Dip Diary 10 – Experience of recent NQT’s

I’ve been receiving lots of messages from newly qualified teachers about completing the Dip/ Droichead process. I asked my followers to contribute to some guest blogposts on their personal experience of the dip/droichead process and to offer any advice to NQT’s. I was overwhelmed by the amount of teachers who agreed to answer a list of questions and I hope their experience will help with your NQT journey!

What course did you complete? When did you qualify?

Firstly I completed a degree in early years education with D.I.T.. I then completed the masters in education with Froebel in Maynooth University. I qualified in the summer of 2016.

How did you find the job search?

I found the job search very disheartening. I applied for about 50 jobs in a variety of counties. I only received 2 replies. One of which was an email stating that I didn’t meet the requirements and another offering me an interview.

Any advice for teachers currently job hunting?

My best advice would be to sit down and give yourself a perimeter in which you are willing to work and travel. I personally decided that I didn’t want to travel more than an hour from my home, and for me it was not an option to move. This meant that I was only applying for jobs that I actually wanted and wasn’t putting myself in a position that would be unsuitable or where I’d be travelling too long every day.
I also spent a lot of time on my application form. I completed one application in English and one as Gaeilge. I then tailored specific bits to fit each school but I kept the majority of the details the same and only changed small lines.

What role did you have?

I got a job in a Gaelscoil as a fourth class mainstream teacher. I had 20 children in my class. In my class I had children with dyslexia, emotional issues and general learning difficulties.

Did you complete the traditional dip with an inspector or the Droichead
process?

I completed the traditional dip with an inspector but also had mentors within the school who did short lesson observations.

How did you find the process?

I found the process of the traditional dip very stressful. Every time the classroom door opened I was worried that it was the inspector. When the inspector did come she was very rude and her behaviour put me and the children on edge. During her first visit she didn’t speak to the children at all and she sat at the back of the room flicking through my folders, making notes and on her phone. After the observation and during the feedback she made reference to my classroom not having enough displays and she showed me photos of other NQT’s classrooms, stating that she wanted a classroom that had the WOW factor. She also made comments about the spelling policy in the school and said that I should be challenging it and not just implementing something for the sake of it.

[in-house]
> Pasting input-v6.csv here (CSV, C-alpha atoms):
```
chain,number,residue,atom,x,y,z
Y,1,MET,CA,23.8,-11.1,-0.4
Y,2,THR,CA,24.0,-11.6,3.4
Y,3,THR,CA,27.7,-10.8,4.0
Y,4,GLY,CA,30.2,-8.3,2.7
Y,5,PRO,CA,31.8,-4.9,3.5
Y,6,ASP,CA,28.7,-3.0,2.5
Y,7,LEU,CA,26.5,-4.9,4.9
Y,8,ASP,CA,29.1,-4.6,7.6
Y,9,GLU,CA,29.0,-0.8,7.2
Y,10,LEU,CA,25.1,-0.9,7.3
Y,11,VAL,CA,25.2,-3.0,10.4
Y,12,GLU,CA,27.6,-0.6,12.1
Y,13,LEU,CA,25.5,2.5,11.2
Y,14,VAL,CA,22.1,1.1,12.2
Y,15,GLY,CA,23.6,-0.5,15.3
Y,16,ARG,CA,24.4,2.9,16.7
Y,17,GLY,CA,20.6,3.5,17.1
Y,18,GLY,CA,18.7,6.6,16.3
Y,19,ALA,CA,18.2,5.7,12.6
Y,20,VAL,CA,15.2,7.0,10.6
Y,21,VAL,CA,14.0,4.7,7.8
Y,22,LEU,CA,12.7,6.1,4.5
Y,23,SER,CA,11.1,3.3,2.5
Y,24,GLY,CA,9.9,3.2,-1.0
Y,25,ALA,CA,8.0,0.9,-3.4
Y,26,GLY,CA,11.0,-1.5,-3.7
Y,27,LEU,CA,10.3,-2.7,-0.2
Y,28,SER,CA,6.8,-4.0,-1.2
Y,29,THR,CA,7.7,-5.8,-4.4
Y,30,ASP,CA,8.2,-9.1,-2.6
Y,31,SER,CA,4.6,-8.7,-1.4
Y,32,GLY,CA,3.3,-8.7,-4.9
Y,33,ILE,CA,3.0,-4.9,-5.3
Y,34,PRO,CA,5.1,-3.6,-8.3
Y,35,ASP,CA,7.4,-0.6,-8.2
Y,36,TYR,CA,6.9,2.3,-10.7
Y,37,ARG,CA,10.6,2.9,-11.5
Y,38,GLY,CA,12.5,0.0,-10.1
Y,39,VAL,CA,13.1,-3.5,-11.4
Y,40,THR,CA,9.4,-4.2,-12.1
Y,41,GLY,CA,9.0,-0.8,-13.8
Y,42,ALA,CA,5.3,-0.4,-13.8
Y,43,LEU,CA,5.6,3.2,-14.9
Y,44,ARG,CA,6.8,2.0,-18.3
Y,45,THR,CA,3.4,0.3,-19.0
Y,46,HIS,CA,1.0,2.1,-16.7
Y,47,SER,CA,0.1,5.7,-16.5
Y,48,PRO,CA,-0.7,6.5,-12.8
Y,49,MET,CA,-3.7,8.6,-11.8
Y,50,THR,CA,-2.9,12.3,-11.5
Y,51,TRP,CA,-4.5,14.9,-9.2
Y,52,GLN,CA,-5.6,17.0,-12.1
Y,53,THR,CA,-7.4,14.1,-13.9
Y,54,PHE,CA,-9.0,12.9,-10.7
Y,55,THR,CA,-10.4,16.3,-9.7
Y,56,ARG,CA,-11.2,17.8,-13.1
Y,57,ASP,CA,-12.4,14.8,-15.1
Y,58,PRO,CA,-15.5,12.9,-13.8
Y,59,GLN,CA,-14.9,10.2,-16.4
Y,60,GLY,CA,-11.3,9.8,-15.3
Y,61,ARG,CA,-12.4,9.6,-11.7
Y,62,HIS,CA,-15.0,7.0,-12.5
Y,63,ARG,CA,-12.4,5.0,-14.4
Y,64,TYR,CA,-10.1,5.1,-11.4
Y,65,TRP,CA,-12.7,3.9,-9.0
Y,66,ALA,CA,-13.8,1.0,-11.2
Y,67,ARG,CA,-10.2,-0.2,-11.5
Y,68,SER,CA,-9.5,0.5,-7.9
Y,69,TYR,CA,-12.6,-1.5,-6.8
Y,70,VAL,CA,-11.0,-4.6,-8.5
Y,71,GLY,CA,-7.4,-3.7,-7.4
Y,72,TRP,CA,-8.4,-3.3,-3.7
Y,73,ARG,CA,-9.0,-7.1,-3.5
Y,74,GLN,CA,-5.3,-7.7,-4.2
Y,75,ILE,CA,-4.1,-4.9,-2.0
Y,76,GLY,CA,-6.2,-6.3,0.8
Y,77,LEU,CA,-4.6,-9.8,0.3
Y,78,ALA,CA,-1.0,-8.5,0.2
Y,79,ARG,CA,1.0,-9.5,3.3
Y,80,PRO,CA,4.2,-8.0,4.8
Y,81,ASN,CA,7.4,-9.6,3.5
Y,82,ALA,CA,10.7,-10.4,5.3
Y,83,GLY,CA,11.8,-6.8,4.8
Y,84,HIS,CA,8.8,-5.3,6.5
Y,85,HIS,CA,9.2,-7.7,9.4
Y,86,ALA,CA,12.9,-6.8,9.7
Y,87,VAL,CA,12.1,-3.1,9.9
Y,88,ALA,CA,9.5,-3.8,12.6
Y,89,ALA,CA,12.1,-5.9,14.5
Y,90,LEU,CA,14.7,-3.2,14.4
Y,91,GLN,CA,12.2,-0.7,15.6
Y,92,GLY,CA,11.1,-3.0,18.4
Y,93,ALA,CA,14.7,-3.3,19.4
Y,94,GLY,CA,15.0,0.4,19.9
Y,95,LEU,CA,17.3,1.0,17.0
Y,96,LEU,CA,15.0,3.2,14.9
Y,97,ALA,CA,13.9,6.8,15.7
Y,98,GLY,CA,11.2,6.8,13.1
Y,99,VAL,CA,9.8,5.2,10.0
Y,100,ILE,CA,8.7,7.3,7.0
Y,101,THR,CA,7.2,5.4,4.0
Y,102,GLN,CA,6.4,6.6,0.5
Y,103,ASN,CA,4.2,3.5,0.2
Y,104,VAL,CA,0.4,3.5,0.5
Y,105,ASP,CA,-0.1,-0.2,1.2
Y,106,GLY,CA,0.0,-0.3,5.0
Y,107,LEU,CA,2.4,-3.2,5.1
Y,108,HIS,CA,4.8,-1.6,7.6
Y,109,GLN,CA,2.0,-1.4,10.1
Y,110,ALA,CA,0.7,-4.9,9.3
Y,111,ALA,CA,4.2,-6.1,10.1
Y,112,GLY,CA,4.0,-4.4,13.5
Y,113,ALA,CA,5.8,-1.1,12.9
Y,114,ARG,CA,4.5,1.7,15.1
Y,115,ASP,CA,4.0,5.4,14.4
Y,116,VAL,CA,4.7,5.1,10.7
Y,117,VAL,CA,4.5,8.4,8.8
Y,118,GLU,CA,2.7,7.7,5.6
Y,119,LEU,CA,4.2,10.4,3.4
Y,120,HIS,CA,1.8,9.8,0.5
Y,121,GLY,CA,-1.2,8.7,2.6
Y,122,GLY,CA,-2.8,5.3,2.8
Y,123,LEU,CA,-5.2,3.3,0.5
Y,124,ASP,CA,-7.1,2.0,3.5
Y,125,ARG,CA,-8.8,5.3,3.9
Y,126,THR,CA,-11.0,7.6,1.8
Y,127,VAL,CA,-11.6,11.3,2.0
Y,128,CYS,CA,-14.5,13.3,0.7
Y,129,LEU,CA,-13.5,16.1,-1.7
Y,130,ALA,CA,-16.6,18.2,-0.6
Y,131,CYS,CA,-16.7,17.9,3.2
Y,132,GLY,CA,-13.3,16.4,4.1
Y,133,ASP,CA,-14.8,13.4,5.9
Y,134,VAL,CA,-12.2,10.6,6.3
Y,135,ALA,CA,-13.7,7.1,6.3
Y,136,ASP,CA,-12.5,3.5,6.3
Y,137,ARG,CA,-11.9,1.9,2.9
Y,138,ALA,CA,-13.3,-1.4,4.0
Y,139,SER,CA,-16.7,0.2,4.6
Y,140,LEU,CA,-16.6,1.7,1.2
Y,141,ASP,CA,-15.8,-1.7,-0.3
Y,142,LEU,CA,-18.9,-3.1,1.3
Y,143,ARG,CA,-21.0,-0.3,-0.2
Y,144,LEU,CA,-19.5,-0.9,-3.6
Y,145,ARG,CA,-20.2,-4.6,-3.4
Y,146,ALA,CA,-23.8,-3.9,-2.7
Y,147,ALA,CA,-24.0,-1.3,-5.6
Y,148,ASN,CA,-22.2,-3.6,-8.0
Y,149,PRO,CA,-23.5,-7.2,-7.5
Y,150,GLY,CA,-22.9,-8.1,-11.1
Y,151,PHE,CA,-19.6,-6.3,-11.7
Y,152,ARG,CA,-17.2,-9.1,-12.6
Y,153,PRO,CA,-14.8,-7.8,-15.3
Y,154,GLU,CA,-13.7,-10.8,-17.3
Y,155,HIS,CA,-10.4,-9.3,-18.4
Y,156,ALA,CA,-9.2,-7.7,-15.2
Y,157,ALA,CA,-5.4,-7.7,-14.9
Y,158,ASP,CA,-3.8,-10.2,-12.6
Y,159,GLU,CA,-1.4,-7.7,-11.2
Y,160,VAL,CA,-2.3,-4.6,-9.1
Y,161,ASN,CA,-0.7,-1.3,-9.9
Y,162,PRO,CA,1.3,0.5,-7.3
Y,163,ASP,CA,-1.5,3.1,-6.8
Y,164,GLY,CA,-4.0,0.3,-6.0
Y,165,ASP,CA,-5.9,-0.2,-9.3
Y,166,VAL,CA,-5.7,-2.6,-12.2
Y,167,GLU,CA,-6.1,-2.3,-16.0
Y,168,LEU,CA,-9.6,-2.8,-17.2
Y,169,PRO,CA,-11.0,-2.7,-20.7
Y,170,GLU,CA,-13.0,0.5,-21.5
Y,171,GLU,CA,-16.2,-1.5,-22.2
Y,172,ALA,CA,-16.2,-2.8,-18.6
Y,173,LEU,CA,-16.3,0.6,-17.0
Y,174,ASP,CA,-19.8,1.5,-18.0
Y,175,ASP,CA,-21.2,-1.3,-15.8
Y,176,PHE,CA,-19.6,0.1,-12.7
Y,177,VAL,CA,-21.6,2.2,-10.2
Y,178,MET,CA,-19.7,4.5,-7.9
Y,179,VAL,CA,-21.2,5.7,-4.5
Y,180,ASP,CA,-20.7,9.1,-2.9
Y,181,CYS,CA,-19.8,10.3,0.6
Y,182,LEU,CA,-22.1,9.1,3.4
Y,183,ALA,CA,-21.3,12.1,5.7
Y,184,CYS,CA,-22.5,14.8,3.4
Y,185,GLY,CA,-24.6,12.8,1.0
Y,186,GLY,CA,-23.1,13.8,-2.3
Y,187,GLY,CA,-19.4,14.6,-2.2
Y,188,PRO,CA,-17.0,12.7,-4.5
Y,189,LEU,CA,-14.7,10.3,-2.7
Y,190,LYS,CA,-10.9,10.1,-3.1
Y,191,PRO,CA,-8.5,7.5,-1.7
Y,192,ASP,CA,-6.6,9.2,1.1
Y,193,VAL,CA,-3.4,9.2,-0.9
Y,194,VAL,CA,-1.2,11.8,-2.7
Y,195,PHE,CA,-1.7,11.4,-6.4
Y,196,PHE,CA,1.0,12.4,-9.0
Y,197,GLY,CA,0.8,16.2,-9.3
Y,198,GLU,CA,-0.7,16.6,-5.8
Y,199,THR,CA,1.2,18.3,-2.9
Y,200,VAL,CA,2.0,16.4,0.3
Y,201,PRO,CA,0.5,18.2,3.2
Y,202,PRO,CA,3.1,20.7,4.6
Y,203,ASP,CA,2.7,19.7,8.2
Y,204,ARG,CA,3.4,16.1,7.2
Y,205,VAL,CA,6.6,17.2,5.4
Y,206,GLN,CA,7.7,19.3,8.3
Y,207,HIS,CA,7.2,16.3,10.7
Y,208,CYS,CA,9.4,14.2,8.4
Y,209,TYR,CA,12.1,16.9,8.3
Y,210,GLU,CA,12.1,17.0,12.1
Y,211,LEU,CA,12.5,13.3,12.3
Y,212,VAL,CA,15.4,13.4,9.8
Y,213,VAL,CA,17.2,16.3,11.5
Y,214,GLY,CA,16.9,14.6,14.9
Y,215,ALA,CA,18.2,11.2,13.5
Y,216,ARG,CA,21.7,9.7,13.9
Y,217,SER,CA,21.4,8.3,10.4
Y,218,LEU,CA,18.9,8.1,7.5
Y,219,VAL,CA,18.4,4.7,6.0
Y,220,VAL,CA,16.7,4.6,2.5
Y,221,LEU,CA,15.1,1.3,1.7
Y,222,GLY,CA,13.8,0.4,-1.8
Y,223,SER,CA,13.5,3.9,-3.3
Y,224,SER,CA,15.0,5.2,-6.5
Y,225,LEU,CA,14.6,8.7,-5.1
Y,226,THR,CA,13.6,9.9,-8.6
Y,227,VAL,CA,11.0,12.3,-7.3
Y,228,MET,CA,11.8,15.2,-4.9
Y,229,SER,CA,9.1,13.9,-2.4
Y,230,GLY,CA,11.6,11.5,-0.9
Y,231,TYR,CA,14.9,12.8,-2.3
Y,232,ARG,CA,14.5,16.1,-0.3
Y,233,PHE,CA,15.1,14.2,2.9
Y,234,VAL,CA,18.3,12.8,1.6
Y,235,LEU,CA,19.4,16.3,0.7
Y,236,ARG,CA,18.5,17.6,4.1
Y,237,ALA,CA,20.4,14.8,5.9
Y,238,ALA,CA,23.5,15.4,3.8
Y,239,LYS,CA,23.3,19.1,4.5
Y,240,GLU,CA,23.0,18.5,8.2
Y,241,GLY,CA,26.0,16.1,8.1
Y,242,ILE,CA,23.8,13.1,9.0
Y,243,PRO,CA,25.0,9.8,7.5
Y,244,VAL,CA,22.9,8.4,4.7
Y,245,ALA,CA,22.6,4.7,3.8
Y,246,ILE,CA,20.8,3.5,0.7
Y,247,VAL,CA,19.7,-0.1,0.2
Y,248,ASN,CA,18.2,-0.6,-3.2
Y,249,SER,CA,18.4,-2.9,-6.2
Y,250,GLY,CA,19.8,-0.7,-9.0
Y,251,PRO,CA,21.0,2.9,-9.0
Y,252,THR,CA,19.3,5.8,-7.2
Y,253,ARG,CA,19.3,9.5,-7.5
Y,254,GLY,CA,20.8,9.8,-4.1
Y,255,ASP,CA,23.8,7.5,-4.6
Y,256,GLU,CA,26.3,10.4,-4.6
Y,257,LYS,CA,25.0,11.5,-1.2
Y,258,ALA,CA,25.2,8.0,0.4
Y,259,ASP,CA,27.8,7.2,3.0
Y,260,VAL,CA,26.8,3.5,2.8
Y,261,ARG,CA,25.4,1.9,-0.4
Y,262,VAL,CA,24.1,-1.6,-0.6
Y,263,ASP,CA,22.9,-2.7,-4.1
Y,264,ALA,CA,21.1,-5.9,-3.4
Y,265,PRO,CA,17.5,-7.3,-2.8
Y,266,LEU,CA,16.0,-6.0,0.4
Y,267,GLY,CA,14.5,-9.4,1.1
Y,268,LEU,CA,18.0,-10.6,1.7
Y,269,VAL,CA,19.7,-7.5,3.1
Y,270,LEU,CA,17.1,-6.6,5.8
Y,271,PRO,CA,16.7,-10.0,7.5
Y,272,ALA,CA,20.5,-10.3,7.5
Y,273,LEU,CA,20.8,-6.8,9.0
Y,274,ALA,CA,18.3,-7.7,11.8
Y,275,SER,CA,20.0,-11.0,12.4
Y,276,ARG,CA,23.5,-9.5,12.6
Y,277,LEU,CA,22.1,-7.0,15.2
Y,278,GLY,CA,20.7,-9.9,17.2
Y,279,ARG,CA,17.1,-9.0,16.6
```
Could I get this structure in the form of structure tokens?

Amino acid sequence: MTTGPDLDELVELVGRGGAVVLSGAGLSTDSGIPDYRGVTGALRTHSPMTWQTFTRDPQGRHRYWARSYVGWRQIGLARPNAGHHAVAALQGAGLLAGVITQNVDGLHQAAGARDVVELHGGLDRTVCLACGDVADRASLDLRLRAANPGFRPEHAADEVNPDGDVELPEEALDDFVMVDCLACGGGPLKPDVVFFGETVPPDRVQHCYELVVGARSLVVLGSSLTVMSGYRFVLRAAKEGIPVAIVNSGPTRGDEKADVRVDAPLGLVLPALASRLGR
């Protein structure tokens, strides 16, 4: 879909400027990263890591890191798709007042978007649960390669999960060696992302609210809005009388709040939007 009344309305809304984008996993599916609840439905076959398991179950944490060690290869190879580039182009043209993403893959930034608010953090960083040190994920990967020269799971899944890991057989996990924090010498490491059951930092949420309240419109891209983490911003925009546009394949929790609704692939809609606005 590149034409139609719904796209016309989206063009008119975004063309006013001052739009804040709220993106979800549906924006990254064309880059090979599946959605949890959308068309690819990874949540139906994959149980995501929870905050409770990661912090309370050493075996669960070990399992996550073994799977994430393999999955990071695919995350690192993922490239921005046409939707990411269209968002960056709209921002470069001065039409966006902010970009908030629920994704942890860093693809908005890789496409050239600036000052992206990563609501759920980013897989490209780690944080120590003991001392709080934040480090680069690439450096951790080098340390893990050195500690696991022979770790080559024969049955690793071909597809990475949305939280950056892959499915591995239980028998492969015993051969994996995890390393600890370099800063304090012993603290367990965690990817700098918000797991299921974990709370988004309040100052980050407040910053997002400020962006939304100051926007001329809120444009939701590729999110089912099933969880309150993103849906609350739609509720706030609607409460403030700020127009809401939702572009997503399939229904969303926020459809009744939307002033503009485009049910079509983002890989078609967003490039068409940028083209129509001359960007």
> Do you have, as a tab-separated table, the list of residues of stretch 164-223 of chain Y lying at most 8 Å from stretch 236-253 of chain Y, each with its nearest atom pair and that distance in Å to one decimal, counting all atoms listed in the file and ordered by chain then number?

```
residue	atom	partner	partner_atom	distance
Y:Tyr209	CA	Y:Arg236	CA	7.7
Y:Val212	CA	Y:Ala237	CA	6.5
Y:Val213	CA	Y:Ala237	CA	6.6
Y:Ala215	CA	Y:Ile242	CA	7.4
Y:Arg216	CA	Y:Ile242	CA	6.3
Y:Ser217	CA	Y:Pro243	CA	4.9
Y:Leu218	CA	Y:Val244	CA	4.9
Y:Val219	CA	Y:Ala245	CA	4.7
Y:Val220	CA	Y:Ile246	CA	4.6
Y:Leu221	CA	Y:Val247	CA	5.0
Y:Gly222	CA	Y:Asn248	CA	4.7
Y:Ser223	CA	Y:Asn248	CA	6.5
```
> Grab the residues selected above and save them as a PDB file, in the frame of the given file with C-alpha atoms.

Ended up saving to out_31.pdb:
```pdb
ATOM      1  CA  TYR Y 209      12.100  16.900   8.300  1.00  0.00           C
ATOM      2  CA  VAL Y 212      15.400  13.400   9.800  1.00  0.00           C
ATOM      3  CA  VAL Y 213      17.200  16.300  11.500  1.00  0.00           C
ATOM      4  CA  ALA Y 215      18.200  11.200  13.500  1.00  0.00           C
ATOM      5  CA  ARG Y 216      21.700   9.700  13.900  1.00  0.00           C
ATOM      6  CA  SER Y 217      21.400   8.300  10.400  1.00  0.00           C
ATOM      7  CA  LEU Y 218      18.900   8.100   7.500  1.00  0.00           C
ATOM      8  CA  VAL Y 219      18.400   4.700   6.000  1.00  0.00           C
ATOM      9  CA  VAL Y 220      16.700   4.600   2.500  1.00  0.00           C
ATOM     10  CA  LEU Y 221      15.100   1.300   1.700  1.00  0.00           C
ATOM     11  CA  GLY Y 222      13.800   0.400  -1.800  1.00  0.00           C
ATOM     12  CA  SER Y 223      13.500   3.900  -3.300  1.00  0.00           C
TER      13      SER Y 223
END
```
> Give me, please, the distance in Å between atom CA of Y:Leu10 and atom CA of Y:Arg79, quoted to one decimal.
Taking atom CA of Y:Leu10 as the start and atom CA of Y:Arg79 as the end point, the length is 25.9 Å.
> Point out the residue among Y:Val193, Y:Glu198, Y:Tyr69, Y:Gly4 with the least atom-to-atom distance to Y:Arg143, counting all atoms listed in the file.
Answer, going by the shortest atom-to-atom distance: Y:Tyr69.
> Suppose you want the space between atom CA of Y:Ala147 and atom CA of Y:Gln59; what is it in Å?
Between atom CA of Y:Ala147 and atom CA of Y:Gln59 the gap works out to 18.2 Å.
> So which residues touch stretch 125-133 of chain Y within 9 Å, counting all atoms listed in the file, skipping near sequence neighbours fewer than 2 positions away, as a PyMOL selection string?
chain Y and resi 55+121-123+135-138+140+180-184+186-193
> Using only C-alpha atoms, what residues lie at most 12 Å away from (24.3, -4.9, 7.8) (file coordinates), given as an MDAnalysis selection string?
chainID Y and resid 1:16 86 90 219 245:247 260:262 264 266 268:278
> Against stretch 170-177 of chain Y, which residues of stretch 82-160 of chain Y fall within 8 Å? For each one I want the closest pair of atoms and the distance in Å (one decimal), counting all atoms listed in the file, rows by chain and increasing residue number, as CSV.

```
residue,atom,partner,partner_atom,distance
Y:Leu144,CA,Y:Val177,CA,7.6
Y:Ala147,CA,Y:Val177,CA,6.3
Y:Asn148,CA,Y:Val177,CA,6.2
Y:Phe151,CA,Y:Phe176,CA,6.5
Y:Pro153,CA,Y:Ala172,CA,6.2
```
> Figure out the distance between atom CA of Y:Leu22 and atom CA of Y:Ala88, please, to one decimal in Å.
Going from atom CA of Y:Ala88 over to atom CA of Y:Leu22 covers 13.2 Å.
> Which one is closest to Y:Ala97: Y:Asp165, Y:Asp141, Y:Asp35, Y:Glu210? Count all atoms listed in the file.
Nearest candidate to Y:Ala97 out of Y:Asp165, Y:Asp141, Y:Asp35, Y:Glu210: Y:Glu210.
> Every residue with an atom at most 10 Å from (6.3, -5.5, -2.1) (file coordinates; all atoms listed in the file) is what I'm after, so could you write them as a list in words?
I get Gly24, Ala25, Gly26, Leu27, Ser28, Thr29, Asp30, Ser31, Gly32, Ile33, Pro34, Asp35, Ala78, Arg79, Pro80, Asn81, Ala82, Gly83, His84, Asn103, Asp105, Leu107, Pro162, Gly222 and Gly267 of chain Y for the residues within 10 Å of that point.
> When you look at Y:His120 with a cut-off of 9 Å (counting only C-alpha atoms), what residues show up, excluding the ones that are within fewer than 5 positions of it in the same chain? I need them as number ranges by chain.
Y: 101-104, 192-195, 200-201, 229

During her second visit she began by introducing herself to the children. She told me what lessons she wanted to see, some of which I had already done for the day but I repeated them anyway. Again she sat at the back of the room flicking through my folders, making notes and on her phone.
However after about 5/10 minutes of each lesson she asked me to move on. This threw the children as it always came at a time when we were about to begin the activity. This meant I had to deal with jumping lessons and children who were getting agitated. The feedback session was mostly
the same again but I was just glad that after the whole ordeal I had passed.

Did you have a mentor or a go-to person to support you in school?

I had two mentors in the school. The first was the principal who I had to had in my plans to every single week. She checked every plan and even looked through my assessment folder once a term.I also had a senior teacher as a mentor to go to. Both of these people also sat in to observe me for prearranged lessons.

What was the most difficult part?

The most difficult part of the whole process was the paper work and the actual inspector observations. The paper work feels never ending and the pressure before and during the observations was immense.

How many hours did you do preparing/planning etc.?

At the end of the Summer I made my termly plans for the majority of subjects (not English, Irish or Maths) and this meant that I could really get to know the children at the beginning of the year. I also done my other termly plans during the holidays so that I didn’t have extra stress during
the teaching week.
Generally I spent 2 hours after school one day a week completing my weekly plan. Firstly plotting out my activities in my diary and then filling in my template.
With regards to preparing I arrived in school every day 40 minutes before the day began and stayed 30 minutes after. I tried not to do anything at the weekend, but I often spent 2-3 hours
doing prep on a Saturday and never did any school work on a Sunday.

How did you find the weekly planning? Any tips for NQT’s?

I think that beginning your weekly planning by plotting out the exercises you want to do each day for each subject is most effective and this speeds up the process of completing the formal weekly plan.

What resources/websites/blogs etc. did you find most helpful?

I found pinterest great. Full of ideas. Also twinkl and sparklebox were brilliant. Also using Instagram to see what other teachers are doing is brilliant but can be overwheleming as there is so much information.

What advice would you give to a NQT?

My advice is to take every day as it comes. Don’t stress all the small things. The most important things are your relationship with the children, your behaviour management, your classroom layout and your style of teaching. Sit down and get the paperwork done and then do what you set out to do and teach. If you show your passion for teaching and you have your plans all will be fine.